Sixth post in a series describing the design and construction of a furniture piece based on the influence of a Japanese kitchen storage cabinet, or mizuya. A bit of a ramble today, so don’t say you weren’t forewarned….
I realize that most articles one reads on furniture builds or designs tend to focus on the build, with the design already largely resolved, or focuses on design as an issue in and of itself. Here, I’m trying to share my process of design, which begins with an inspiration, an influence, and then proceeds from there – hardly in a linear fashion though! There are steps forward, steps back, times I’m becalmed on the design ocean not sure where to go next or even how to get there. Sometimes the inspiration evaporates, sometimes it overwhelms like a storm rushing in and I can’t sleep for all the ideas bouncing around. Sometimes it’s all ‘there’ in a flash, other times I have to fight for every step forward.
Cabinets are difficult pieces to design as there is so much going on and they are among the most complex furniture pieces to tackle. Obviously, there are functional requirements, in this case storage for plates, bowls, silverware, cups, etc.. Unlike a display cabinet, which might be build especially for a particular collection of china, in this case the storage solution needs be be somewhat flexible to allow for future additions and changes to the dining ware set. I’ll add that I’m pretty good at accidentally breaking bowls, cups, and glasses, so I anticipate a pattern of attrition and periodic restocking, not always with the same stuff. My long-suffering wife has moved from being quite annoyed with my clumsiness, to some modicum of accommodation – even finding it humorous a lot of the time. We all have our talents, and mine involves finding creative ways to drop pieces of china.
Through the first few posts of this thread I’ve been looking at the decisions and directions taken regarding the framing system for this cabinet. That process is by no means complete. Even after the drawings are, for all intents and purposes, ‘complete’, I think it is likely that further revisions, re-considerations, and even outright reversals will occur during the course of the build. Even if it is carved in wood, it still is not carved in stone, if you might allow me to play with a metaphor for a moment.
So far, I have been moving forward with the idea of making a frame and panel cabinet, the frame being cocobolo, a type of rosewood, and the panels being bubinga, an African wood which, though not a true rosewood, is sometimes referred to as ‘African Rosewood’. That, despite the fact that there are true rosewoods growing in Africa. Let’s not get into the topic of common tree or wood names – -not a swamp I want to wade through at this minute. Normally, rosewood is not something with which one would consider framing a large cabinet, given its scarcity and the small size of the trees in general. However, several months back I acquired a stash of rosewood which had been brought into the US in the late 1950’s and I do have the option then to use some freakish chunks of the material. My mouth does water at the prospect, yet….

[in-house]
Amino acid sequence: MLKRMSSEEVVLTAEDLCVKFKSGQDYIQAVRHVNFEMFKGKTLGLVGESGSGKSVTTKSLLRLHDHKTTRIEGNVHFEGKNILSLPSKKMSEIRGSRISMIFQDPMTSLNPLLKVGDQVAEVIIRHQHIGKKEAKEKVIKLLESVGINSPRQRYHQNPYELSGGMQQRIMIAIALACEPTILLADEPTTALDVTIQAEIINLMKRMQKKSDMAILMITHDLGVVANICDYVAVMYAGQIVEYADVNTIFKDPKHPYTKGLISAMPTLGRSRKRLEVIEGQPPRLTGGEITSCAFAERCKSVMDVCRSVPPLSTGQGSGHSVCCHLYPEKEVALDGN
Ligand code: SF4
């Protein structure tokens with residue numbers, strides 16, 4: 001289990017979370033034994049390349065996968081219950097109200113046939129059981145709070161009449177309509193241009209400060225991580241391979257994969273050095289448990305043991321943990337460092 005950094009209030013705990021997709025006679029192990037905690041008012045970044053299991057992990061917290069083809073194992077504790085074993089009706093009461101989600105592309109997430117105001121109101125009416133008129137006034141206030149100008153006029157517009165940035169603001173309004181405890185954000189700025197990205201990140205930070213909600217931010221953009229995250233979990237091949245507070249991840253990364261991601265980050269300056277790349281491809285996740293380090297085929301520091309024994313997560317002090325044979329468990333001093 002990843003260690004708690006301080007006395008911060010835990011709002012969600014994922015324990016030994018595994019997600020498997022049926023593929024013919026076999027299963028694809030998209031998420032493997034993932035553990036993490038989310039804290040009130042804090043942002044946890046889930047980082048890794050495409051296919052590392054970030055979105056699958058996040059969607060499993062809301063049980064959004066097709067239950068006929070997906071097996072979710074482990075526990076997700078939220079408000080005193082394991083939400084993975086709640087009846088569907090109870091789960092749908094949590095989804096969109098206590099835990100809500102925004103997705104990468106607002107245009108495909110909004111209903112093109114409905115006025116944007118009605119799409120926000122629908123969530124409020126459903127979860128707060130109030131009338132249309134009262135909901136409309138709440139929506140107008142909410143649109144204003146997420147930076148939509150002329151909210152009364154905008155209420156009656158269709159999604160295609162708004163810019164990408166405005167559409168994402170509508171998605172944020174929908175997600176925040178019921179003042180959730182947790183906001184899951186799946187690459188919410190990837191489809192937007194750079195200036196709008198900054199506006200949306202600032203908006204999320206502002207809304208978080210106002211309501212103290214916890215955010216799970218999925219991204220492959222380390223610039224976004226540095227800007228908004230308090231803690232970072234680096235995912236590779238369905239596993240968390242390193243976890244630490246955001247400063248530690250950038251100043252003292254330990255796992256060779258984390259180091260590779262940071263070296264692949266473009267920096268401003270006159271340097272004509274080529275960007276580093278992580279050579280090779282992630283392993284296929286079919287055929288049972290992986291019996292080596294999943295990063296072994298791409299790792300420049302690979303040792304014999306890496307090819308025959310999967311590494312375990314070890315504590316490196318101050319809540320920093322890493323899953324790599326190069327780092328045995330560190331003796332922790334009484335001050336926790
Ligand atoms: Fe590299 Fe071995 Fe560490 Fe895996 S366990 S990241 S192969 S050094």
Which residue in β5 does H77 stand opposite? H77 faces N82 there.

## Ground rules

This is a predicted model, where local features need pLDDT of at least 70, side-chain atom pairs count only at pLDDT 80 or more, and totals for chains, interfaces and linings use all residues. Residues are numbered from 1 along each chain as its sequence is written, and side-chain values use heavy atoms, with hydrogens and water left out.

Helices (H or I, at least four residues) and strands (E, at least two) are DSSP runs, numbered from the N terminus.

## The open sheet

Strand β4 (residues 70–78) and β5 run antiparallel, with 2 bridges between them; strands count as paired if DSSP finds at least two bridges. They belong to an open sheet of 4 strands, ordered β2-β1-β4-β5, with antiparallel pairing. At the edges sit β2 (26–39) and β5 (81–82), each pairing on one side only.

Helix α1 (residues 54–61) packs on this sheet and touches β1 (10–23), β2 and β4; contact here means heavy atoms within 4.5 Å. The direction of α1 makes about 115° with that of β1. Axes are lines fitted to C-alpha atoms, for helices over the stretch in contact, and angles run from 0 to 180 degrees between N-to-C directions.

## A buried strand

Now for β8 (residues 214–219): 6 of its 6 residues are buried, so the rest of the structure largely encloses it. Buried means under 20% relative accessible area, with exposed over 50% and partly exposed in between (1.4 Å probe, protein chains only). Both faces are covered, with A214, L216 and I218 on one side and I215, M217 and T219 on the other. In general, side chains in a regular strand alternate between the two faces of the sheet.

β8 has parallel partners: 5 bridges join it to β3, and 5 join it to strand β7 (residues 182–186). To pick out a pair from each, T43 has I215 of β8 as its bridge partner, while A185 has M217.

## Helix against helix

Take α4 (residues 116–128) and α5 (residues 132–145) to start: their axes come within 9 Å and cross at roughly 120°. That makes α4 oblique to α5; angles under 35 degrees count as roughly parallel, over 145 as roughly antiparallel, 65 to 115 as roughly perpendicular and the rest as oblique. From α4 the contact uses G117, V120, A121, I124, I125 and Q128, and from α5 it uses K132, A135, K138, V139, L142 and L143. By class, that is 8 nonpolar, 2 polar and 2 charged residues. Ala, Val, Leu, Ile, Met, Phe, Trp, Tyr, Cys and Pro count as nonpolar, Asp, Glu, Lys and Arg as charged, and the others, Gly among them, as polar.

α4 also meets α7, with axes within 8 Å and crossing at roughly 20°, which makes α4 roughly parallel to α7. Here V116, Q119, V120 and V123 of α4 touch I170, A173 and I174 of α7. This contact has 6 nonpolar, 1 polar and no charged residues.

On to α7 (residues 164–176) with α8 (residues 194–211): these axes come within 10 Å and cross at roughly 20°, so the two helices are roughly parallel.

Thinking further about the matter though, I realize the material is so very precious that I hesitate a bit in regards to using it. Another factor in view was related not to the precious nature of the wood, but to its vibrancy. Cocobolo is one of those woods with the volume turned well up up, to ’11’, if you follow my Spinal Tap reference. Bubinga is also a visually powerful material, and combining the two woods, while they do harmonize with one another color-wise, lead to a result of a cabinet that virtually pulses with energy. And that energy tends to lead me to think that I really need to find ways to tone the rest of the cabinet down somehow:
That said, one of the things I really want to keep in this piece are the shippō-gumi latticed sliding doors, which are also hardly what you might call quiet. I experimented with several solutions to this conundrum, but what you get with the efforts to tone down the piece is that it starts to really look like little more than a monumental box- a box with lots of presence like the obelisk from Kubrick’s film 2001: A Space Odyssey, complete with soundtrack:
If you’ve seen that movie, I imagine you’ll know exactly what I mean here. And I do feel a bit like a chimp thumping the ground with a stick at times as I try to do justice to the materials I have to work with.